Published at Tuesday, February 19th, 2019 - 22:22:53 PM. Kitchen. By Roesia Lemoine.
I am a big believer in the "Open Floor Plan" which has fewer walls and doors, with rooms tied together as open visual space. Keeping the Great Room, Dining Room and Kitchen "open" (meaning no walls between them) help make all the rooms "feel bigger". The wall removal helps facilitate the open communications between the rooms. You don‘t feel isolated in the kitchen when wall barriers are removed, and thus people don‘t have to step into the kitchen to talk to you. They can do it from outside the kitchen zone.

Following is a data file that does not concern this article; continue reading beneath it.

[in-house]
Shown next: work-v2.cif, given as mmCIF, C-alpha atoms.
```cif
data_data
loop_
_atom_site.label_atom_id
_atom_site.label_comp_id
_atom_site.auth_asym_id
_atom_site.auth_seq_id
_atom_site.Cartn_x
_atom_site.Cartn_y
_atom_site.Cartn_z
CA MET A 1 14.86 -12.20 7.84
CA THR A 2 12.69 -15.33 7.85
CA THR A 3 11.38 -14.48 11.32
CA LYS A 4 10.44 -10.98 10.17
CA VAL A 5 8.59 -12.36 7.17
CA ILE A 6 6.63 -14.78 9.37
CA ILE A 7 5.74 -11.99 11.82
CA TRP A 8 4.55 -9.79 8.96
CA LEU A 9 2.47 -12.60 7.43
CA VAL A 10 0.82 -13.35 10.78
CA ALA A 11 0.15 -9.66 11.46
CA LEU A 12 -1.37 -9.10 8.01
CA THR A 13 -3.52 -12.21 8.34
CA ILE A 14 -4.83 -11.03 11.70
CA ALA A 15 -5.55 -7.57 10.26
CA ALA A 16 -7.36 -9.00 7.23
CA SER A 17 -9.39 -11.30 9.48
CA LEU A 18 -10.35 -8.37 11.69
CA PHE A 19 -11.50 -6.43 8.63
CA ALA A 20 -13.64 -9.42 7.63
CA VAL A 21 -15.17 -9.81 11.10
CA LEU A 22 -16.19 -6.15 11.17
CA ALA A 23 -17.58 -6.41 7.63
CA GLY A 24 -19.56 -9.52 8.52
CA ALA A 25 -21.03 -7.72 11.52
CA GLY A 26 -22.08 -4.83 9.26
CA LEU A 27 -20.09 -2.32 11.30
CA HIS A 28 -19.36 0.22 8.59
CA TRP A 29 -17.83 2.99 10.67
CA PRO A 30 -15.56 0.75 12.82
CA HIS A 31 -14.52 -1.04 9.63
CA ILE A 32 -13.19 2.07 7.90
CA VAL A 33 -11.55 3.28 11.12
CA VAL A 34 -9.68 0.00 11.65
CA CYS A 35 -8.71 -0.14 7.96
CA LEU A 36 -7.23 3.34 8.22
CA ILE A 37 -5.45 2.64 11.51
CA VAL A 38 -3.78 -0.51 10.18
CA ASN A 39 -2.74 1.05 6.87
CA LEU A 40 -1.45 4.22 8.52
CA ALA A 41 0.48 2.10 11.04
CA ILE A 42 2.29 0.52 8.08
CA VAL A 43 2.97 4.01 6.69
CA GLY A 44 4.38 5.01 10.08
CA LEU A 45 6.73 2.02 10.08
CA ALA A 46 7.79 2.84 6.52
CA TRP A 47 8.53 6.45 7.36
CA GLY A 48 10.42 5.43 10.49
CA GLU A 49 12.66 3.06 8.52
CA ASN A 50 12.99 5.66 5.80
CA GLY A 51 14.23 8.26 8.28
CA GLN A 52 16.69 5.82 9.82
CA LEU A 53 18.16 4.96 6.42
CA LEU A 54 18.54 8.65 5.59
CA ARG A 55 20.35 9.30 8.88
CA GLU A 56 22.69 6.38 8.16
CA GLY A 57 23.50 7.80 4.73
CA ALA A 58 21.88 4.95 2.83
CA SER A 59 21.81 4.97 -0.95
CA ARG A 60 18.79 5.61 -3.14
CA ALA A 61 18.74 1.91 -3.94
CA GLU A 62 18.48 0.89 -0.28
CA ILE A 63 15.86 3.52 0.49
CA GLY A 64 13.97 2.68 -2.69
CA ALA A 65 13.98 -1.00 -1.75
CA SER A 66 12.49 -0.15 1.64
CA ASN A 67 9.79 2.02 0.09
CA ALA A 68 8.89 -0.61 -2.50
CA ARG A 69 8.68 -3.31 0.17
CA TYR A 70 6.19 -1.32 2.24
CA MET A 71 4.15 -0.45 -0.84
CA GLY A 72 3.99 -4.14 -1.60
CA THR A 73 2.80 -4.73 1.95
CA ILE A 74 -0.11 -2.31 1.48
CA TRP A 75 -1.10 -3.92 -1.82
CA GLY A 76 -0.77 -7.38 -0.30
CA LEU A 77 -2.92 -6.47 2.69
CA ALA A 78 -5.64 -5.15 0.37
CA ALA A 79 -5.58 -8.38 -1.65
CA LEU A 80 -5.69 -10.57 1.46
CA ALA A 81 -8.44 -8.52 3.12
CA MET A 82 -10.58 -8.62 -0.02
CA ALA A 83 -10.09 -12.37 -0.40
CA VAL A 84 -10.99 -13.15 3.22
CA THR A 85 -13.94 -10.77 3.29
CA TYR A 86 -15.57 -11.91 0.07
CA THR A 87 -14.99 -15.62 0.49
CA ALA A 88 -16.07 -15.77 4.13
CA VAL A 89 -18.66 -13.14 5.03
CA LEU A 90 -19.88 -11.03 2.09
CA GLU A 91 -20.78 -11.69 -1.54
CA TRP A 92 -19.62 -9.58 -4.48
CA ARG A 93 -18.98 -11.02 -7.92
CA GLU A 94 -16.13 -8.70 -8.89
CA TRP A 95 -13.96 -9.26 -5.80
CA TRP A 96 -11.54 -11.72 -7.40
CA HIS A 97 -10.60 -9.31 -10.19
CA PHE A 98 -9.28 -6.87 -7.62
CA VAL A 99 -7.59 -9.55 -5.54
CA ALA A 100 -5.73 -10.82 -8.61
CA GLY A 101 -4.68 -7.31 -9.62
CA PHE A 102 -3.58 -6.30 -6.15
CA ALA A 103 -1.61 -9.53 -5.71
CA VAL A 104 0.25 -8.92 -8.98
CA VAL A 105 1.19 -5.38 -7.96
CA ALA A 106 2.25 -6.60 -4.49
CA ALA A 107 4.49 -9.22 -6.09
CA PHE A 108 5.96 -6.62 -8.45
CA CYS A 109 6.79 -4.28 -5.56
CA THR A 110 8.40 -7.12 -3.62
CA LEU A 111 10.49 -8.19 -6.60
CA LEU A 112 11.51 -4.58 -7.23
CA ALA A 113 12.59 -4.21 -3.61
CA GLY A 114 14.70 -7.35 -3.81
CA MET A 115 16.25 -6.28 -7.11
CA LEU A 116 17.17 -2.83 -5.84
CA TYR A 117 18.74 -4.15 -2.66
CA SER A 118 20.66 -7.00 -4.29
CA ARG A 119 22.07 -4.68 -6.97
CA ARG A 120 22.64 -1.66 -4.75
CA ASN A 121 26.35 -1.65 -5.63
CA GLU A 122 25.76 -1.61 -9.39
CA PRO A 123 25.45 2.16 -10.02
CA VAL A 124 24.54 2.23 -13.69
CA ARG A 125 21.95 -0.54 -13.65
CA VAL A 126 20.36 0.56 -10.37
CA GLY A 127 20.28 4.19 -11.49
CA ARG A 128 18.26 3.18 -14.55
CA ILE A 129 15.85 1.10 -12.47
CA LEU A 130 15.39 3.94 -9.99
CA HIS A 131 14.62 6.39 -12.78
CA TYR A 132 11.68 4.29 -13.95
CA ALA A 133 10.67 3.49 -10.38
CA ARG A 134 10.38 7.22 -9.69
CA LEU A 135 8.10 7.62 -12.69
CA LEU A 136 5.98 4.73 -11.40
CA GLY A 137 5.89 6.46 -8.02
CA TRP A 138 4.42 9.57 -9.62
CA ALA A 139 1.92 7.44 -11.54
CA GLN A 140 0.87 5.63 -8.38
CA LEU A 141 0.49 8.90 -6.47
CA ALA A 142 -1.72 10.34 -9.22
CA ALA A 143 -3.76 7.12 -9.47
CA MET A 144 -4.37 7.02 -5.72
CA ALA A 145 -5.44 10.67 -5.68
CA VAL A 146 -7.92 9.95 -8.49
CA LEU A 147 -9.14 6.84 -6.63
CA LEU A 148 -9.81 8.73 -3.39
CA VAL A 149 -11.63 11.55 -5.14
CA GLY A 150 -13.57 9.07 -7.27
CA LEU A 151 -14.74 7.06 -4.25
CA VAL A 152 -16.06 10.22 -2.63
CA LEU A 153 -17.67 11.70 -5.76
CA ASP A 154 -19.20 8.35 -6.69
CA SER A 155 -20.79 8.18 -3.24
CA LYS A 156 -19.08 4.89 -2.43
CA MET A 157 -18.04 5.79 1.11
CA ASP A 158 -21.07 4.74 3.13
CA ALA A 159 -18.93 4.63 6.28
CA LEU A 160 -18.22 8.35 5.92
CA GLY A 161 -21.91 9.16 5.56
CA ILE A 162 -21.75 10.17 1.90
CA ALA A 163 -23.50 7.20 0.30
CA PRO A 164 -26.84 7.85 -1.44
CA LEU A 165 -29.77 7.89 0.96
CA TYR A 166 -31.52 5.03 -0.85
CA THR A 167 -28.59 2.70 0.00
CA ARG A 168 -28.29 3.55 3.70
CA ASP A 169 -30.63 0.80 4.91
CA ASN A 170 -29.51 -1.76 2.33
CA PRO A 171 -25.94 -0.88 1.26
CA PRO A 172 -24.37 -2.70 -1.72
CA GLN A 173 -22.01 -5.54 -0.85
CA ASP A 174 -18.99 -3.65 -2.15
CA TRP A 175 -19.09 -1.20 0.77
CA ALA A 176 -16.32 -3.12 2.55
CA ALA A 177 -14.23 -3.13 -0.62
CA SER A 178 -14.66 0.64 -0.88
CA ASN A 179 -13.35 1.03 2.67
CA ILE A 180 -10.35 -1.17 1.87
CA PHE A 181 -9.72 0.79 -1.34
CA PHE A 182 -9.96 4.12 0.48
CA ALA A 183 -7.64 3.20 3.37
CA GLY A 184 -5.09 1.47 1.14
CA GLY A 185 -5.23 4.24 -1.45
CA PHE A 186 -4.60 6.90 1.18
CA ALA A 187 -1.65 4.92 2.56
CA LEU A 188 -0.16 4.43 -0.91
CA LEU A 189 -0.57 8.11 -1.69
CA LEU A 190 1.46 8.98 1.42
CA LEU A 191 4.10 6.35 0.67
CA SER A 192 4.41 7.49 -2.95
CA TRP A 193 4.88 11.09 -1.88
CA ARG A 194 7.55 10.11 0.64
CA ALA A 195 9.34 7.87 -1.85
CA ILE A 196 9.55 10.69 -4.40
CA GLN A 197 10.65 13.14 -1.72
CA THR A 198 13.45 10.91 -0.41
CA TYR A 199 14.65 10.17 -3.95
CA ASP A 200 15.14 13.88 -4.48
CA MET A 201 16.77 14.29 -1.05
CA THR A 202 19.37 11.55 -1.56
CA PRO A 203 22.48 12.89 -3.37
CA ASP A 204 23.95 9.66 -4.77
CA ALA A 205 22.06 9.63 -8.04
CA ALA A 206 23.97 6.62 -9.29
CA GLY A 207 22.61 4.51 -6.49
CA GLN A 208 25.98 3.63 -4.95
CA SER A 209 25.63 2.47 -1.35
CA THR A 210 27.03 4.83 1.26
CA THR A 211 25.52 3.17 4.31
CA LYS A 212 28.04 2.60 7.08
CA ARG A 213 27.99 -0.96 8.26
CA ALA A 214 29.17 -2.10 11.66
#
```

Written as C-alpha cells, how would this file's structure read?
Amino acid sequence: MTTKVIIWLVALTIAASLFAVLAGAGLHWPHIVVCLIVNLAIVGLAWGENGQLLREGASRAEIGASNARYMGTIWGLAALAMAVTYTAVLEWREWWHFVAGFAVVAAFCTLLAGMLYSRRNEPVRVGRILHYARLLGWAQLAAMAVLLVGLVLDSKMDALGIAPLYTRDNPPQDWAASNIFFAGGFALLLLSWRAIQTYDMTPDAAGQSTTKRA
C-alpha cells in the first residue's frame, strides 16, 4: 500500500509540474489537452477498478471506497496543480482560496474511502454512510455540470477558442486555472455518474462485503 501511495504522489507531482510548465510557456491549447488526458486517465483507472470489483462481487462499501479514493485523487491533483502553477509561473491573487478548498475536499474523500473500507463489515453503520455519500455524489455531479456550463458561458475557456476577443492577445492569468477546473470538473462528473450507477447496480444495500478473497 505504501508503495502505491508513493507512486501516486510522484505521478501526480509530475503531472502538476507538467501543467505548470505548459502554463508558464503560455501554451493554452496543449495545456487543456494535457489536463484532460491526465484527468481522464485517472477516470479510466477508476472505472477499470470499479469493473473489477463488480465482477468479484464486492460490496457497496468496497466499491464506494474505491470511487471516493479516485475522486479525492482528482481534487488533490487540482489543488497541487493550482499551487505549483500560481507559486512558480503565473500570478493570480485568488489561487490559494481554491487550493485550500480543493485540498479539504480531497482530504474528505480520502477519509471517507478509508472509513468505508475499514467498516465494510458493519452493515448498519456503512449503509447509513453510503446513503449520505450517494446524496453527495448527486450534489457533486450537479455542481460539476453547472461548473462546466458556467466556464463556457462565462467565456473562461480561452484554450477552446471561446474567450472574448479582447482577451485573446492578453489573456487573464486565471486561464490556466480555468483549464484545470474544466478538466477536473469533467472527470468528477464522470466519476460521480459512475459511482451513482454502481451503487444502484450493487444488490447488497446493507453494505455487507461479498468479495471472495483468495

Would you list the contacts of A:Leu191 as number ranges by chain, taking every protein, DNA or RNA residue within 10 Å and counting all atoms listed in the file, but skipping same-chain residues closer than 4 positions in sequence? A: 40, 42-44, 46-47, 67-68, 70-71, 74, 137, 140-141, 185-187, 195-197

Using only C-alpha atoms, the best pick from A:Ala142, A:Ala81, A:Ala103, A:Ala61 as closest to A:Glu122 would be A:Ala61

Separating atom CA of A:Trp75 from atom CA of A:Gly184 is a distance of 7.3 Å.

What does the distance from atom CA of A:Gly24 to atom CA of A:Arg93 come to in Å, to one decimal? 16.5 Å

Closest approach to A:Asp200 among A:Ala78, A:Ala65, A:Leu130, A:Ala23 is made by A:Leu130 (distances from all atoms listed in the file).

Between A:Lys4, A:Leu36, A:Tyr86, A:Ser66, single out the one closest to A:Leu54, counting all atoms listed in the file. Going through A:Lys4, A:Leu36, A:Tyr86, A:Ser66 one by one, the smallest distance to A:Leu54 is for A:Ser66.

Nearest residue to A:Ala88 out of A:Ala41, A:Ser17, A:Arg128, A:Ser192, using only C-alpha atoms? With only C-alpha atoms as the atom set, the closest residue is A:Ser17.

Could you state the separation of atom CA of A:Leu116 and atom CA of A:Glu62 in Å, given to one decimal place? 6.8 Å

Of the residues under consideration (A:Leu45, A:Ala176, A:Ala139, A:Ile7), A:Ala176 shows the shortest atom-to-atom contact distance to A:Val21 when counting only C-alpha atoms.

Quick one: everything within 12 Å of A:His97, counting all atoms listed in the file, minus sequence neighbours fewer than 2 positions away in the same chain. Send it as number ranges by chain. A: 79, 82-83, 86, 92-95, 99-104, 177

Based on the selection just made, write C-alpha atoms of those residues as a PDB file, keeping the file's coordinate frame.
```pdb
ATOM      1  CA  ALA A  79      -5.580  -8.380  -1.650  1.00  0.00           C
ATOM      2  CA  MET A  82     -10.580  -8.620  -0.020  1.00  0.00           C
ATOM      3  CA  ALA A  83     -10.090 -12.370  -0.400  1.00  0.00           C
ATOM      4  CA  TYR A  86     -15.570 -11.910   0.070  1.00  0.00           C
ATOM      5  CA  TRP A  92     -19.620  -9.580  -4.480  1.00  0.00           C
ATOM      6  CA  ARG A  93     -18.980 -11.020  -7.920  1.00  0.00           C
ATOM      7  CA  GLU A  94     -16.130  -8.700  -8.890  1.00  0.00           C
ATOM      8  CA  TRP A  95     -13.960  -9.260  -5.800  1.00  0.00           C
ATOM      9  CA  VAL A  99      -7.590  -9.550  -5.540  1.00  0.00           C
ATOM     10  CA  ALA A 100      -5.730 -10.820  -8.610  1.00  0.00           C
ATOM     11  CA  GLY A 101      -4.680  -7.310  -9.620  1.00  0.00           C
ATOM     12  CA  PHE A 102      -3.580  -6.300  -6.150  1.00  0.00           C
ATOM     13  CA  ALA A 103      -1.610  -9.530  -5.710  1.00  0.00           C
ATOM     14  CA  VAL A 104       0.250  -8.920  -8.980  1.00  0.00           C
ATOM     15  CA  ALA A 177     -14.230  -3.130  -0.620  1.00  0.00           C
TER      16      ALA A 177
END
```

In the days before electricity changed everything in our lives, family kitchens in modestly sized homes were large but simply appointed rooms. They contained a solid fuel heat source for cooking (a fireplace or a coal or wood stove) and a built–in sink, with or without running water. Everything else was a piece of furniture. The icebox was elegantly made of wood, as were the central dining/work table, cupboards, pie safes and pantries. The family kitchen was the central work/social place of the home too where family members, sometimes in the company of friends performed most domestic chores and socialized with each other.
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